Recently, Mike Petrilli wrote about the Alliance for Excellent Education’s analysis of state ESSA plans in which we found that twelve states do not ensure subgroups are universally included in school ratings. While acknowledging that this could be an issue, Mike, with an assist from Aaron Churchill, used Ohio data to make the case that we were (mostly) crying wolf: Including subgroups in school ratings doesn’t matter because subgroup performance is almost always reflected in schoolwide averages, at least when using value-added measures. Specifically, Mike and Aaron showed how school-level growth data for “all students” in Ohio tends to be strongly correlated with school-level growth data for “Black” and “low-income” students. Very few schools would have received both an “A” or “B” grade for “all students” growth and a “D” or ”F” for the specific subgroup’s growth. Mike concluded that we “should stop fretting about this particular aspect of state accountability systems” and move on.

I agree that there are other aspects of accountability that should be investigated, and All4Ed has plans to do so as ESSA implementation continues. And I agree that I’m an uber-wonk (thanks, I think?). But I disagree that All4Ed and other advocates for...

 
 

Last Saturday was cold, grey, and dismal in Philadelphia. I spent the day warming my soul inside a Jesuit high school among a disparate group of teachers, researchers, academics, and school leaders at a ResearchED conference, the fourth one held in the United States. If you’re not familiar with ResearchEd—and I’d wager you’re not—allow me to introduce you. It’s the best education initiative you’ve never heard of. It’s big in England and deserves to be as big here in the colonies.

ResearchEd started five years ago almost on a lark, the brainchild of an engaging and gregarious English high school teacher named Tom Bennett. Frustrated by the relative rarity of evidence-based practice in education in the U.K., Bennett took to Twitter (he almost makes it respectable) and asked if anyone would get involved if he ran a conference on it. Enough hands went up that ResearchEd was launched—a zero capital, break-even inaugural event staffed entirely by volunteers. Five years later there have been ResearchEd events in thirteen countries with 22,000 unique attendees, according to Bennett, who says the last U.K. event drew 1,350 with half again that number on a waiting list to purchase a ticket. I’ve written previously...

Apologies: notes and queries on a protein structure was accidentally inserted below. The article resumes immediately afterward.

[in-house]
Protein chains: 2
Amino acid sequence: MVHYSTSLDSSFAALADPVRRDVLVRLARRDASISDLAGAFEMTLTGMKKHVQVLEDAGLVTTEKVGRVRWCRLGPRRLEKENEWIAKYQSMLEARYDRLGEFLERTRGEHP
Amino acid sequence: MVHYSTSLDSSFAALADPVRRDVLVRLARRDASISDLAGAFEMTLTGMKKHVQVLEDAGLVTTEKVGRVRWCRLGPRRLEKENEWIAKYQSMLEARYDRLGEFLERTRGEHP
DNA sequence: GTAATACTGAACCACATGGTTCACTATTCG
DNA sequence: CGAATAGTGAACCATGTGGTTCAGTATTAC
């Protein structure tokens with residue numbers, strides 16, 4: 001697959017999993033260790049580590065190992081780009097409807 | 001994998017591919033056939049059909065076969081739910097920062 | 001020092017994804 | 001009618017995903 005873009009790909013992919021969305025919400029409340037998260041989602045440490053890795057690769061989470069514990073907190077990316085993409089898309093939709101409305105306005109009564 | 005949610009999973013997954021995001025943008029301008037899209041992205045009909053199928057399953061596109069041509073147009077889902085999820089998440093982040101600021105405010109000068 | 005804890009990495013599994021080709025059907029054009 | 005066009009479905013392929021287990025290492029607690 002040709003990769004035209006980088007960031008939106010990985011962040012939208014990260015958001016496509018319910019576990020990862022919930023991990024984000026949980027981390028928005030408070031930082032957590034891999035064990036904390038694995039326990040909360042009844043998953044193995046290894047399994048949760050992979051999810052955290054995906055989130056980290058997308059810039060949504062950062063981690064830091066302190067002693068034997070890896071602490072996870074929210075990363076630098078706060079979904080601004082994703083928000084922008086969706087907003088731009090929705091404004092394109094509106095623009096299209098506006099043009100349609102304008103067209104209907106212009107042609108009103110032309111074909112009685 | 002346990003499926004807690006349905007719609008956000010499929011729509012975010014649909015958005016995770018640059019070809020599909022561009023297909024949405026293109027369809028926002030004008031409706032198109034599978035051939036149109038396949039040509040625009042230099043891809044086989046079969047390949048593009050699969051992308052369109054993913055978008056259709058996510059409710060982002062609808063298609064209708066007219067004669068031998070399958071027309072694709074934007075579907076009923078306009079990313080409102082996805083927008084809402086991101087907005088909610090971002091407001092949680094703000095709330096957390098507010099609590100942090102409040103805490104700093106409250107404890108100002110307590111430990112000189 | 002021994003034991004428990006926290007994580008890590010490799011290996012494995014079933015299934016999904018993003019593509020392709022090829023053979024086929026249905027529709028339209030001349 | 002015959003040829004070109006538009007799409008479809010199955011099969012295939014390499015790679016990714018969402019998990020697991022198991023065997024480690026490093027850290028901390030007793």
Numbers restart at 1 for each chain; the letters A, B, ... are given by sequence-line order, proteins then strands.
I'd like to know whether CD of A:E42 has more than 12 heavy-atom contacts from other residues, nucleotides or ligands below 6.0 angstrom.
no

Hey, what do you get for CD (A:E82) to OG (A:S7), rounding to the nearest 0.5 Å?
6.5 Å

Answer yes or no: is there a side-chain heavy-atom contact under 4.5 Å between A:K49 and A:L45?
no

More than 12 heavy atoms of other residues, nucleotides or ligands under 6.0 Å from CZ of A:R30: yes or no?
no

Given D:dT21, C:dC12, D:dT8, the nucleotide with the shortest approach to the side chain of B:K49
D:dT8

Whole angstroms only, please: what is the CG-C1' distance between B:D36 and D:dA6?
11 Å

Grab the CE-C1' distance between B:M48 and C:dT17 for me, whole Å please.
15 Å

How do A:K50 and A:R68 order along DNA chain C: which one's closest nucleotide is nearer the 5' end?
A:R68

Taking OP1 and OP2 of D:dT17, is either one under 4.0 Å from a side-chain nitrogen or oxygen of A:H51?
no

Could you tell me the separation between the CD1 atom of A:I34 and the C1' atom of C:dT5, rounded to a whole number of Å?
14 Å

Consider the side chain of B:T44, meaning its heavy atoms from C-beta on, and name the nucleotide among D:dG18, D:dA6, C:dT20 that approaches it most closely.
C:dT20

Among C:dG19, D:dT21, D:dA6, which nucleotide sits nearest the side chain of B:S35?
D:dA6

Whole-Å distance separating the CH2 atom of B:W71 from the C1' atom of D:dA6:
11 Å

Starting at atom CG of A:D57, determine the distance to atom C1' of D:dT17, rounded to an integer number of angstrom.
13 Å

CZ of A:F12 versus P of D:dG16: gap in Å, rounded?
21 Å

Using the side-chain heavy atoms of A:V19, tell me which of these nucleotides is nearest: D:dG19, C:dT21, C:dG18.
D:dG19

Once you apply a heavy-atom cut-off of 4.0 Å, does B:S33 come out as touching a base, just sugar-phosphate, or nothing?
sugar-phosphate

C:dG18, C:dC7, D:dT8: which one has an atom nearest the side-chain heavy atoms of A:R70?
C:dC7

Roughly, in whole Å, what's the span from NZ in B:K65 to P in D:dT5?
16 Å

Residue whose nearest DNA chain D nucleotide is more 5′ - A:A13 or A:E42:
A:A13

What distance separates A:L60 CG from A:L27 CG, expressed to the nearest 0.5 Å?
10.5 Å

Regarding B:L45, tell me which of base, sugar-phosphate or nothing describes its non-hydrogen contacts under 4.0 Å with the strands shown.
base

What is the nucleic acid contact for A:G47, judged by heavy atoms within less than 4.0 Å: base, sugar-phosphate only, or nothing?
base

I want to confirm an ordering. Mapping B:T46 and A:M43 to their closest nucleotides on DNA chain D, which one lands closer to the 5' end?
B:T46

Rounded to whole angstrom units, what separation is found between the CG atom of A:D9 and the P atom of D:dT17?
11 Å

A recent RAND report examines how math and English language arts teachers’ use of instructional materials and knowledge of state standards and standards-aligned practices have changed during the Common Core era.

Researchers Julia H. Kaufman, V. Darleen Opfer, Michelle Bongard, and Joseph D. Pane used the results of surveys administered in 2015, 2016, and 2017 to the American Teacher Panel (ATP), a randomly-selected, nationally-representative group of full-time K–12 public school teachers. Responses from different years were aggregated, and then disaggregated, based on whether a teacher’s state referenced Common Core in its standards and/or used standards-aligned resources, as well as by students’ “vulnerability” (determined by the percentage who received free or reduced-price lunch, were English language learners, or had individualized education plans). The authors also controlled for teacher characteristics such as gender and professional experience, as well as school characteristics such as size and the student population’s overall socioeconomic status.

In many ways, the RAND report is similar to Fordham’s own: Reading and Writing Instruction in America’s Schools. In particular, both used the American Teacher Panel (though not the exact same teachers). And both sought to capture changes in teachers’ attitudes and practices, though the timelines differed, since we compared...

 
 

Academic standards have become the foundation on which much of contemporary U.S. public education rests. They dictate the knowledge and skills that students are expected to master, grade by grade, and communicate those expectations to educators, parents, curriculum writers, and other stakeholders. When they’re inadequate, the entire education edifice is shaky—and student achievement is apt to be uneven and weak.